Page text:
Extending the interval for port-a-cath maintenance


Objective: The objective of this study is to assess the outcome of port-a-cath (PAC) maintenance every three months in patients with gynecologic malignancies with the goal of standardizing a safe and appropriate interval that would maintain patency and minimize side effects. Methods: We performed a retrospective medical record review and evaluation of all patients with a Bard? PAC who were noted to have no evidence of disease (NED) during the years 2003 to 2010. The interval between accessions and any complications related to the presence of the PAC were recorded. Relevant complications included skin infections, bacteremia, thrombosis, and occlusions. Statistical analysis was done using the Fisher’s exact test. Results: A total of 201 patients had PAC placed and 43 patients underwent PAC accessions to maintain patency. The total number of accessions was 150 with a median number per patient of 2.0 (range 1 - 10). The mean time between flushes was 112 days (SD = 57). When comparing women in maintenance who had flushes within 90 days versus those who had flushes over 90 days apart, there was no difference in infection or occlusion rates between these groups (p = 0.515). In the <90-day group, one patient was noted to have resistance during the flush. In the ≥90-day group, one patient had an occlusion that did not resolve with Alteplase. Another patient had skin erythema with spontaneous resolution. Conclusion: Infections and occlusions are rare in women with gynecologic malignancies undergoing maintenance of their PAC. Longer intervals between PAC flushes do not appear to affect the outcome in our patients. Our ongoing data and follow-up confirm that extending the interval of PAC accession to every 3 months, rather than monthly, is safe, effective and convenient in the patient population with gynecologic malignancies.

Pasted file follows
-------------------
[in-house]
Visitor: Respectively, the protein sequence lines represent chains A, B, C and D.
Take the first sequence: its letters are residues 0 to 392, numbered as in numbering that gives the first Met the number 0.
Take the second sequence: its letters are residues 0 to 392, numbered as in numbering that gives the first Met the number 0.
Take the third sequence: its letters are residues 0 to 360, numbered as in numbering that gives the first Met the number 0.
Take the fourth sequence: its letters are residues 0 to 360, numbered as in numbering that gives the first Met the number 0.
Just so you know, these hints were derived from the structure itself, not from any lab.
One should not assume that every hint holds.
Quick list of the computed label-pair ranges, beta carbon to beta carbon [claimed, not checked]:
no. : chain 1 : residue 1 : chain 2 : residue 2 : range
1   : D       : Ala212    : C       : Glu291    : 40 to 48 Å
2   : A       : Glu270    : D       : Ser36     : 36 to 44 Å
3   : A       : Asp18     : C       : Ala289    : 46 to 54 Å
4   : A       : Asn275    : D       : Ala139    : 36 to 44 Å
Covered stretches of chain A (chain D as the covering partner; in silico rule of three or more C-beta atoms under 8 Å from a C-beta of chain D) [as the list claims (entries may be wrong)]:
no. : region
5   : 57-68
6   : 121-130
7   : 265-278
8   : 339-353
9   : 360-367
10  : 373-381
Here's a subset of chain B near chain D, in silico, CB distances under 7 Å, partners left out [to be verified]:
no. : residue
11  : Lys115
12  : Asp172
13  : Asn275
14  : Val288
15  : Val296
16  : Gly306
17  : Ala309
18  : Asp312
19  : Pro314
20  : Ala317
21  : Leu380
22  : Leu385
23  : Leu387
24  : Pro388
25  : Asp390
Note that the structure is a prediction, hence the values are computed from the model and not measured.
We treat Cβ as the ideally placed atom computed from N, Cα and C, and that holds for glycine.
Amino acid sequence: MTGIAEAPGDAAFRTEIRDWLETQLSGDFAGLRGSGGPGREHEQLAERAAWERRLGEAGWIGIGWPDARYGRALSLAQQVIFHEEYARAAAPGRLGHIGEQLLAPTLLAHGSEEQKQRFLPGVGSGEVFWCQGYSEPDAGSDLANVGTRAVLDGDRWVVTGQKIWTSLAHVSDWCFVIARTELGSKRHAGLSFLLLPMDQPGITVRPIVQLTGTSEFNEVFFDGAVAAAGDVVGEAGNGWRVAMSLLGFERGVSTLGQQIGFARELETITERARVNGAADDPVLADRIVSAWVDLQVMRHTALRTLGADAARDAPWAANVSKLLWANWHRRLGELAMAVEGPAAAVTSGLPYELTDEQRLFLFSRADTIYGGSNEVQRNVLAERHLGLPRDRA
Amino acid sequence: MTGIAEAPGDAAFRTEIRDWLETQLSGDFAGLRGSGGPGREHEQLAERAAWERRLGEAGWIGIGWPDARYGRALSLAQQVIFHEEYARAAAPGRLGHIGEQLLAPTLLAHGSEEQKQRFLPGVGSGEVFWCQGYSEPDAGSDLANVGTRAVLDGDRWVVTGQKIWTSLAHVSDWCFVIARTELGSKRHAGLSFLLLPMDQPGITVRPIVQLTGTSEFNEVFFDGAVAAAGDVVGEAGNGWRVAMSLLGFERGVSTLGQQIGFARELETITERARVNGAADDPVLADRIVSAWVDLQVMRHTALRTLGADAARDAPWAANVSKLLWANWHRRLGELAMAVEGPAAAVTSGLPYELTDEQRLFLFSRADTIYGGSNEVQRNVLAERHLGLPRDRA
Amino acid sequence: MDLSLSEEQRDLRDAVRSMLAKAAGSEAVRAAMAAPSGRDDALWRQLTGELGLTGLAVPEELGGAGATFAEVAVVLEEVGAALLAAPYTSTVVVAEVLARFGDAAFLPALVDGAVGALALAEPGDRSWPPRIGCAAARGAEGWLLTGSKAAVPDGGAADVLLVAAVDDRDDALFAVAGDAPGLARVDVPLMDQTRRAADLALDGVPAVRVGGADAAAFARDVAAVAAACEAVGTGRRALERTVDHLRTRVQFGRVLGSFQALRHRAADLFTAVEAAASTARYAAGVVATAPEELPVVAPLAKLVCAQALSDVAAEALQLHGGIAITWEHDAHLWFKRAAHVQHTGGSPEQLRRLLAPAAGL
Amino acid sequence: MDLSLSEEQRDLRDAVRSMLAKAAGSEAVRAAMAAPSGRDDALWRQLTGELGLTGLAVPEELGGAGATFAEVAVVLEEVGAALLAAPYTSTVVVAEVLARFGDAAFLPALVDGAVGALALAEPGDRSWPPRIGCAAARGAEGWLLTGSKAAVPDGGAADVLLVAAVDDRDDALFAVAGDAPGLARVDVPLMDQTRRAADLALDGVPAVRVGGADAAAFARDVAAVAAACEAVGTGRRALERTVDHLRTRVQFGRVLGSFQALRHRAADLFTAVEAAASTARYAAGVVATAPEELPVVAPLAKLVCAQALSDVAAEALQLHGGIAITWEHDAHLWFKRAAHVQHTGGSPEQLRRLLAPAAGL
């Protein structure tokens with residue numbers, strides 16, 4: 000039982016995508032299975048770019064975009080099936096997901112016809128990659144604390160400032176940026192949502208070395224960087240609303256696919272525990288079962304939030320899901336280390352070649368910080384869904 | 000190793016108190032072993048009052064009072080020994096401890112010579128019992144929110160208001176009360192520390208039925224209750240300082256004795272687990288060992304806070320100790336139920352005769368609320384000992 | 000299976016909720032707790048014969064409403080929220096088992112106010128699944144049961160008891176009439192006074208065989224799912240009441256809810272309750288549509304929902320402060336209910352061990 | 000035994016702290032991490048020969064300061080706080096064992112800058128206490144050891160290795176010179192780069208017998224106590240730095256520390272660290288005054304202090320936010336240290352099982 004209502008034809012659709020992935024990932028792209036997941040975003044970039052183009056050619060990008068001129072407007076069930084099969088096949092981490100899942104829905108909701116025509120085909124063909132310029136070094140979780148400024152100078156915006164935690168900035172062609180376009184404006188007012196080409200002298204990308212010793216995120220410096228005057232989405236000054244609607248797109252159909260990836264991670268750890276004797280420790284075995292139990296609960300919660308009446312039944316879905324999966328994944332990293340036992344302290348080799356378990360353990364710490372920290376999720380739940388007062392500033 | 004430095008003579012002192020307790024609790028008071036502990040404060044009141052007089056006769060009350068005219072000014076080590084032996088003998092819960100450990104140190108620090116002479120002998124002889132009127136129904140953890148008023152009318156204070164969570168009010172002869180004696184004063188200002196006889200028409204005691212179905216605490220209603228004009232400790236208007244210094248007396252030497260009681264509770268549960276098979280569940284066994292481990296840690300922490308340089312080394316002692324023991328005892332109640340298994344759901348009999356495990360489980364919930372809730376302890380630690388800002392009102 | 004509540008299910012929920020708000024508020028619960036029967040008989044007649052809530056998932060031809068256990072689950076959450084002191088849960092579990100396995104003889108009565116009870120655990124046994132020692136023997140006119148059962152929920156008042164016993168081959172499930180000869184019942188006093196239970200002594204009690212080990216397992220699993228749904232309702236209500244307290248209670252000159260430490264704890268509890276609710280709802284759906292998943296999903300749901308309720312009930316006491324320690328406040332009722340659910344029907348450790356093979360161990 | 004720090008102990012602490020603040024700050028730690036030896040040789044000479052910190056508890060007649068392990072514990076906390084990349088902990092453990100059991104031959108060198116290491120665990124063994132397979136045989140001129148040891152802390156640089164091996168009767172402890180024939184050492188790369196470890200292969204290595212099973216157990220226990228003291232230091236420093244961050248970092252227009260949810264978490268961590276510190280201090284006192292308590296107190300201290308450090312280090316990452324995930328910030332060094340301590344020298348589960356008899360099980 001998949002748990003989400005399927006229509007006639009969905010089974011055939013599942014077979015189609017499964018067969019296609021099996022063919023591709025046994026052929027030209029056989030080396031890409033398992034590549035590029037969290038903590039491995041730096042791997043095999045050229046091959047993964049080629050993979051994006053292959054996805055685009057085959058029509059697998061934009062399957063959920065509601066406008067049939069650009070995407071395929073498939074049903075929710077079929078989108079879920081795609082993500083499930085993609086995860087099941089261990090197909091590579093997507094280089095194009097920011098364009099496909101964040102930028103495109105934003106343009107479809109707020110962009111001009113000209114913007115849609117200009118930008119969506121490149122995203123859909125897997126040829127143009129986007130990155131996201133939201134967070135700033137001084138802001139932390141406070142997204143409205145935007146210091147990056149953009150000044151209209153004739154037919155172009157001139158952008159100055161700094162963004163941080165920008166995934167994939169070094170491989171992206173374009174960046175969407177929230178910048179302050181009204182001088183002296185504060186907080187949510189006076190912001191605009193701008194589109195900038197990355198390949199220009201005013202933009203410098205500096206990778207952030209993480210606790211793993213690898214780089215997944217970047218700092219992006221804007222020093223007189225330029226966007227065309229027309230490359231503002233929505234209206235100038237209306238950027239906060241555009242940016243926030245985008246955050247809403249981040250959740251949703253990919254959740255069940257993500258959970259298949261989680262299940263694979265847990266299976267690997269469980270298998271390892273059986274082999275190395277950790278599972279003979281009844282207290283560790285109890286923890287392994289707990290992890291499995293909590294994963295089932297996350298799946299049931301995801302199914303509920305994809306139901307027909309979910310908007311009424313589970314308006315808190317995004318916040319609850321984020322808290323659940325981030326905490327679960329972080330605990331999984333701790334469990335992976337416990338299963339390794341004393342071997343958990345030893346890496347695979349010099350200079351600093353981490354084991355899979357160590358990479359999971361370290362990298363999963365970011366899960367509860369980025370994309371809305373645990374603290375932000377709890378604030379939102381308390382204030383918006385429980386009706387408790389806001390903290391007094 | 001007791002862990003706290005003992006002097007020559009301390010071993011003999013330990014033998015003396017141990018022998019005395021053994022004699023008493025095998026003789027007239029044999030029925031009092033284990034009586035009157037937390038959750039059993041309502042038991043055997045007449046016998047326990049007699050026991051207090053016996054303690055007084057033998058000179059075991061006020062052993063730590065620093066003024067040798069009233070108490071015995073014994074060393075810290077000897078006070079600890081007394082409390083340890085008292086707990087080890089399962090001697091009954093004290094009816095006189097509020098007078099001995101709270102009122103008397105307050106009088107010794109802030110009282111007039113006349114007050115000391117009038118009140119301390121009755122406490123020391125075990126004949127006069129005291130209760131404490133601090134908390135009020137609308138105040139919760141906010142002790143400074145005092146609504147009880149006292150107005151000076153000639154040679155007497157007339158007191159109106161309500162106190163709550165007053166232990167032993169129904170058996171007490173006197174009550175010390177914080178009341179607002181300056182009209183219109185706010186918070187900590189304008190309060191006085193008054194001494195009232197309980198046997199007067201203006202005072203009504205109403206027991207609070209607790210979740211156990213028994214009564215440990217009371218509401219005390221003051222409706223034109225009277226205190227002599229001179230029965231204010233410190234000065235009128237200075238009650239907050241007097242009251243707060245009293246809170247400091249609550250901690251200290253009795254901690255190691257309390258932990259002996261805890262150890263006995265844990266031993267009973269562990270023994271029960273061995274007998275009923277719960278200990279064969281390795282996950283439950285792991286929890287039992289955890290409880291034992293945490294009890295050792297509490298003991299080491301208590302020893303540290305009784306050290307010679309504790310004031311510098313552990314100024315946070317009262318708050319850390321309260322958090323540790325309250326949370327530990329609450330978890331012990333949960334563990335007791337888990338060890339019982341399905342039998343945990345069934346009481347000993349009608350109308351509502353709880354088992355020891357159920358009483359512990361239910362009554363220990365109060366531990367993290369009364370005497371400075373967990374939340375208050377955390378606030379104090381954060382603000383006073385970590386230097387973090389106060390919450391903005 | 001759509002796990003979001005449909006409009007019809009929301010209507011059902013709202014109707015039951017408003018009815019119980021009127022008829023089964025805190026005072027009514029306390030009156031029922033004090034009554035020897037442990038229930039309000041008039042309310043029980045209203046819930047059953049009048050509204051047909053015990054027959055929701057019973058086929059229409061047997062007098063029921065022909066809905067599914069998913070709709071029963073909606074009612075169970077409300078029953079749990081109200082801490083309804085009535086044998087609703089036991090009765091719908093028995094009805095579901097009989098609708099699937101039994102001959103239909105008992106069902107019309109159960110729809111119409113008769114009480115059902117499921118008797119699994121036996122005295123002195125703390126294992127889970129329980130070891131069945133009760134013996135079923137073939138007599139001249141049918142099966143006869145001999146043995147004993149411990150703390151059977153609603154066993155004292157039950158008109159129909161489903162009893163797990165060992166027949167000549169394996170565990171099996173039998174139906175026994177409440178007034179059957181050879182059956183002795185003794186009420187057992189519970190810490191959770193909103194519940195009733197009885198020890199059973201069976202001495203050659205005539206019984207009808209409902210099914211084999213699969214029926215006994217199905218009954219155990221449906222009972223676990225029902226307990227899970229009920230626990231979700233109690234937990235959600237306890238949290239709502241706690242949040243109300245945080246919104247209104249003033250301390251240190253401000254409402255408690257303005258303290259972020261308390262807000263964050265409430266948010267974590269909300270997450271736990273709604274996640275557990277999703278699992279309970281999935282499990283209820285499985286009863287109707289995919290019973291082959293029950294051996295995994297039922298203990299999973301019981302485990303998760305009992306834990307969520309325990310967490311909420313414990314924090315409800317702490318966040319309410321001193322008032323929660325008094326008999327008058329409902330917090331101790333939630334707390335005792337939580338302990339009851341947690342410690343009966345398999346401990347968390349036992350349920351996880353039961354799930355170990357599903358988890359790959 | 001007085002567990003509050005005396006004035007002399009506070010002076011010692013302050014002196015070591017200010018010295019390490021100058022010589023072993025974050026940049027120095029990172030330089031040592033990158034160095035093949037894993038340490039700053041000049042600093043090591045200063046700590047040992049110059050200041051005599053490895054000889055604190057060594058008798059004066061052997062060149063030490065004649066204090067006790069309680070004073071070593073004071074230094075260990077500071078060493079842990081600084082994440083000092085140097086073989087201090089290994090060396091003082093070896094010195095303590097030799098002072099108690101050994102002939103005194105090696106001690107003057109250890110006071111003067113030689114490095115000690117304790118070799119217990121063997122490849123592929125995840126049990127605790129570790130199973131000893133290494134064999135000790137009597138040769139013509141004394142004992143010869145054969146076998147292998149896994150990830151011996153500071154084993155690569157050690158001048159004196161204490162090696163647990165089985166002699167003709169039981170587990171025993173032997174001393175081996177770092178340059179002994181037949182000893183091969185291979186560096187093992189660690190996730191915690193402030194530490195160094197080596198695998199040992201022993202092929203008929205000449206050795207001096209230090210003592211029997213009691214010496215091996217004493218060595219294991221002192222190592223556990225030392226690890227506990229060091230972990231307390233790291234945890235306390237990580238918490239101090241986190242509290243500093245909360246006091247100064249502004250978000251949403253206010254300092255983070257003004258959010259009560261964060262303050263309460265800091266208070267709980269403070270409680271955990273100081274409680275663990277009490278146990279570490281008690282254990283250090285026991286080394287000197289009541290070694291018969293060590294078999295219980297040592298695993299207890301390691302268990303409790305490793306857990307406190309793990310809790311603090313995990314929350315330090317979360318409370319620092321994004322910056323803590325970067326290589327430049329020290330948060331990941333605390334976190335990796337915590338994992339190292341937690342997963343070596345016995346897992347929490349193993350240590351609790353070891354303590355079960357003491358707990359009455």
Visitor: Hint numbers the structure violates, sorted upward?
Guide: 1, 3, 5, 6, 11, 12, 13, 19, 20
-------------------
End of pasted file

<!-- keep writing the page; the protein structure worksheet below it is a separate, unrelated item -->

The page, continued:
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Girda, E. , Phaeton, R. , Goldberg, G. and Kuo, D. (2013) Extending the interval for port-a-cath maintenance. Modern Chemotherapy, 2, 15-18. doi: 10.4236/mc.2013.22003.


The safe and timely administration of chemotherapy in part relies on consistent access to the venous system. In many patients with advanced malignancies and other medical co-morbidities, such as peripheral vascular disease, a more reliable form of access is mediated by semi-permanent or permanent devices such as a peripherally inserted central catheter (PICC), Hickman catheter, or port-a-cath (PAC). Implantable venous access devices provide repeated access to the vascular system and have been widely used in patients with malignancies receiving long-term treatments such as chemotherapy and total parenteral nutrition (TPN).